Reading some of the right-wing blogs one would think that Iraq had suddenly turned into a picture of peace and love in the last 72 hours. Nothing could be further from the truth.
All of them are breathing a sigh of relief that they don't have the dreaded civil war which so many others have been predicting but has, in fact, been undulating between hot actions and moments of harmony between warring factions. Most are basing their interpretation of an easing of tensions on this, which only serves to prove that neither the New York Times nor the Bush supporting bloggers have the slightest understanding of the Arab mind.
Of course, the right wing doesn't want to admit to an Iraqi civil war for one reason: It is an indictment of Bush's adventure in Iraq and further serves to highlight a lack of preparation, a failure to understand the situation in the Middle East generally and a lack of sensitivity for the welfare and safety of the population for whom the US is now responsible. Indeed, the ground is being prepared by the right-wing to blame the Iraqis themselves for failing to behave in a way prescribed by the Bush/Rumsfeld/Cheney plan. As was pointed out here, both ends of the right-wing intelligence scale are claiming the Iraq adventure was, and remains, a noble idea but which was destroyed by the actions of the Iraqis - not the Americans.
That civil war was inevitable seems to escape Bush and his supporters, despite repeated warnings from various quarters. Indeed, General Norman Schwarzkopf said in 1996, when asked why we didn't go all the way to Baghdad during the 1991 Gulf War:
And, oh by the way, I think we'd still be there, we'd be like a dinosaur in a tar pit, we could not have gotten out and we'd still be the occupying power and we'd be paying one hundred percent of all the costs to administer all of Iraq. (Frontline PBS interview)The problem with the statements coming out of the right-wing punditry is that the only view of civil war they seem able to accept is that of two armies squaring off in set-piece battles, a la the American Civil War. While a few historians would argue that form of warfare is what constitutes a civil war, most would disagree. Warfare between religious factions is just as much civil war as is warfare between political enemies. Indeed, if they had any grasp of Arab culture, they would acknowledge that religious dominance and political power are intertwined in the Arab world and are often indistinguishable.
The fact that Muslim clerics of both the Sunni and Shi'ite sects have called for their followers to stop the violence should be taken as cold comfort. Along with the admonition for a truce was the escalation of blame and statements justifying the acts of the militias. And, as any arabist will tell you, the call to withdraw is only temporary. That the pundits and news outlets are viewing this as a real withdrawl or even a cooling-off period is a mistake.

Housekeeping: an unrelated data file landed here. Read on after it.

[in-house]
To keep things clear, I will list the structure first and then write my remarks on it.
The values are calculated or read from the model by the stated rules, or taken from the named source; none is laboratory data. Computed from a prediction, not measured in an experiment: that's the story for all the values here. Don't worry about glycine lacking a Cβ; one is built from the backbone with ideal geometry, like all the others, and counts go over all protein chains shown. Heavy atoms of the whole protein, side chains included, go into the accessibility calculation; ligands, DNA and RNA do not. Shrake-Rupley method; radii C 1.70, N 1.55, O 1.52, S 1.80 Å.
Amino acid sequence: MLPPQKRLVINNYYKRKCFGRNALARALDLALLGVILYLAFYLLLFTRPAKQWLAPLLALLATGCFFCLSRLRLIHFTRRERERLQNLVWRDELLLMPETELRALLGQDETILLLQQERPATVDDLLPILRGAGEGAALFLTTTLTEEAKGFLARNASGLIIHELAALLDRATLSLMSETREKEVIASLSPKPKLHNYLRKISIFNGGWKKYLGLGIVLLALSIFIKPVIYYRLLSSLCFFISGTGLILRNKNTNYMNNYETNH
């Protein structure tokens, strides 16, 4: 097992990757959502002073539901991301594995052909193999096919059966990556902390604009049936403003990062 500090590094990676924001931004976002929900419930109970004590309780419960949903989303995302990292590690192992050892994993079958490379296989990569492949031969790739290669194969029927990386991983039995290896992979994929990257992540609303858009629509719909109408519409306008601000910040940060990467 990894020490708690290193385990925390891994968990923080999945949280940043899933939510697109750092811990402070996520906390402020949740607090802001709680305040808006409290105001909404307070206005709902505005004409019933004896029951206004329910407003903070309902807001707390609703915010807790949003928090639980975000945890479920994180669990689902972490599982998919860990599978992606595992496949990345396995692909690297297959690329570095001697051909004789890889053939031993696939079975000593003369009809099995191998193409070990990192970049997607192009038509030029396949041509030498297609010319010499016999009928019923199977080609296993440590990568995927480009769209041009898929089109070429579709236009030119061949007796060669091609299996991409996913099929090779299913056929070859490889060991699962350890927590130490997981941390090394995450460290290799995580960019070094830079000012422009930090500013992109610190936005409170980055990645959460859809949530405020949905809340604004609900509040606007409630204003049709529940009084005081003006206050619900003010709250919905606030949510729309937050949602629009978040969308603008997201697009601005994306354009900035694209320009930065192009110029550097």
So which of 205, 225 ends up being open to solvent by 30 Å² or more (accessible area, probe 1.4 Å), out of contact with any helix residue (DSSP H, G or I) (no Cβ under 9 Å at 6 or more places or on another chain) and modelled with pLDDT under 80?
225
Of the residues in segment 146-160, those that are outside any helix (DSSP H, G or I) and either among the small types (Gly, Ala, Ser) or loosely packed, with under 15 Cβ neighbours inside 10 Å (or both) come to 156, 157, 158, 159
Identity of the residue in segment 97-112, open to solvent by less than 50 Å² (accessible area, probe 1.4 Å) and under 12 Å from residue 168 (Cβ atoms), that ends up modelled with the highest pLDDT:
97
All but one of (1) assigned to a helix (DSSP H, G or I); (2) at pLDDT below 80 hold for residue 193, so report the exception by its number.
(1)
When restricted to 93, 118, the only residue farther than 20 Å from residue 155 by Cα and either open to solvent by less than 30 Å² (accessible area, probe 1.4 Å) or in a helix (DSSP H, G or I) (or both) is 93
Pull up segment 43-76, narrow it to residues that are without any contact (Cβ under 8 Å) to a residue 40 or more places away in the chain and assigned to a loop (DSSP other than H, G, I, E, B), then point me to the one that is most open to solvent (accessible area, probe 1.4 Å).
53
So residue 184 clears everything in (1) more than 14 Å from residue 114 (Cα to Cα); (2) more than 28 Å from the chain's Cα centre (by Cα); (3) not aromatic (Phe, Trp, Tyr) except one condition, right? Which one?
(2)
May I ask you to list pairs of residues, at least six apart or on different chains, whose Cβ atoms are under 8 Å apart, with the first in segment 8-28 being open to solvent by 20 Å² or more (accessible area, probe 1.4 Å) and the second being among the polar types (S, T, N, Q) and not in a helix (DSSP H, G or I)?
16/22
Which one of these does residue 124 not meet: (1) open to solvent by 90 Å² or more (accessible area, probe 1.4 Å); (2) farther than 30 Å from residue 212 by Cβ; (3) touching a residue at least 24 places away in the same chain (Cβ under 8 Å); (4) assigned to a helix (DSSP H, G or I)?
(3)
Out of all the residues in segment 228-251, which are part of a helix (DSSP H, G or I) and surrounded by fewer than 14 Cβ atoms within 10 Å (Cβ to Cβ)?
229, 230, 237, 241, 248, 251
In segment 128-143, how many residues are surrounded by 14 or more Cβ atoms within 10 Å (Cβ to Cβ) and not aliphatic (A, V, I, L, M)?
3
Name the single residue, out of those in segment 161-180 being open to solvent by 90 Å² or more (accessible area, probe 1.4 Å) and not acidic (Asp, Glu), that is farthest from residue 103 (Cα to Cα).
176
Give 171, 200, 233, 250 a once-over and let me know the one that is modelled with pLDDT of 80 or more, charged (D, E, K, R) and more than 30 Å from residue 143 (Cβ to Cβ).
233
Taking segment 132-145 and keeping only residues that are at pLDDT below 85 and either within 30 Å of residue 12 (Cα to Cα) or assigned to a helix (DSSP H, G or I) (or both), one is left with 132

Iraq is essentially a British creation. It was also a British headache. From the time they placed Faisal on the Iraqi throne in 1921, until the 1950s they were faced with a resistance movement that would not die. Part of the problem was the fact that Iraq was created around three vilayets: Baghdad, Mosul and Basra; Sunnis, Kurds and Shi'ites with a good number of Jews and Christians in the mix. Based on tribal and religious influence, Iraq's borders were unnatural and bound to create difficulty. In fact, the only times Iraq has been held together as a country is when rule was applied with an iron fist.
One right-wing blog produced this:
But if Iraq is allowed to split apart, it will inevitably be seen in the short run as a catastrophic failure on the part of the United States and all those involved in the reconstruction effort. And so, regardless of the long term benefits it may bring to allow Iraq to split apart, we are pretty much committed to keeping it together.That's a reason?!! Allow the thing to go on, and continue to degenerate into a larger civil war so the US can save face? How many people get killed in the process of saving an already failed experiment? Or don't they count?
It is beyond comprehension that the Bush administration believes it can achieve something in Iraq that the British failed to resolve in 30 years, and it is now faced with failure no matter what action they take.
Increasing US military presence in an effort to prop up a faux government will result in endless warfare, fighting a never ending resistance, requiring enormous financial resources (you think it's expensive now?), spanning several generations of Americans and Iraqis and forcing a return to compulsory military service for American youth. Not to mention incurring the outrage of the combined Arab world.
Total withdrawl will result in a bloodbath of unbelievable proportions. The destabilization of Iraq with an invasion simply acted as a catalyst for various factions which had been held in check by a brutal regime. As noble as the elimination of Saddam may have seemed, failure to research and understand the power distribution in the religious and ethnic sectors of Iraqi society led to a complete misunderstanding of emerging leadership and its sources. The Bush administration had identified their own leaders; the Iraqis had different people in mind. Should the US withdraw, those emerging leaders will draw upon resources from outside Iraq and, what is now a contained civil war, will likely spill over the borders and erupt in a general, regional war.
The reality that needs to be faced is that Iraq is now embroiled in a civil war, and the US is standing in the middle of it. There is no escape. In the words of the man who was my combat theater commander fifteen years ago, the United States is now like a dinosaur in a tar pit.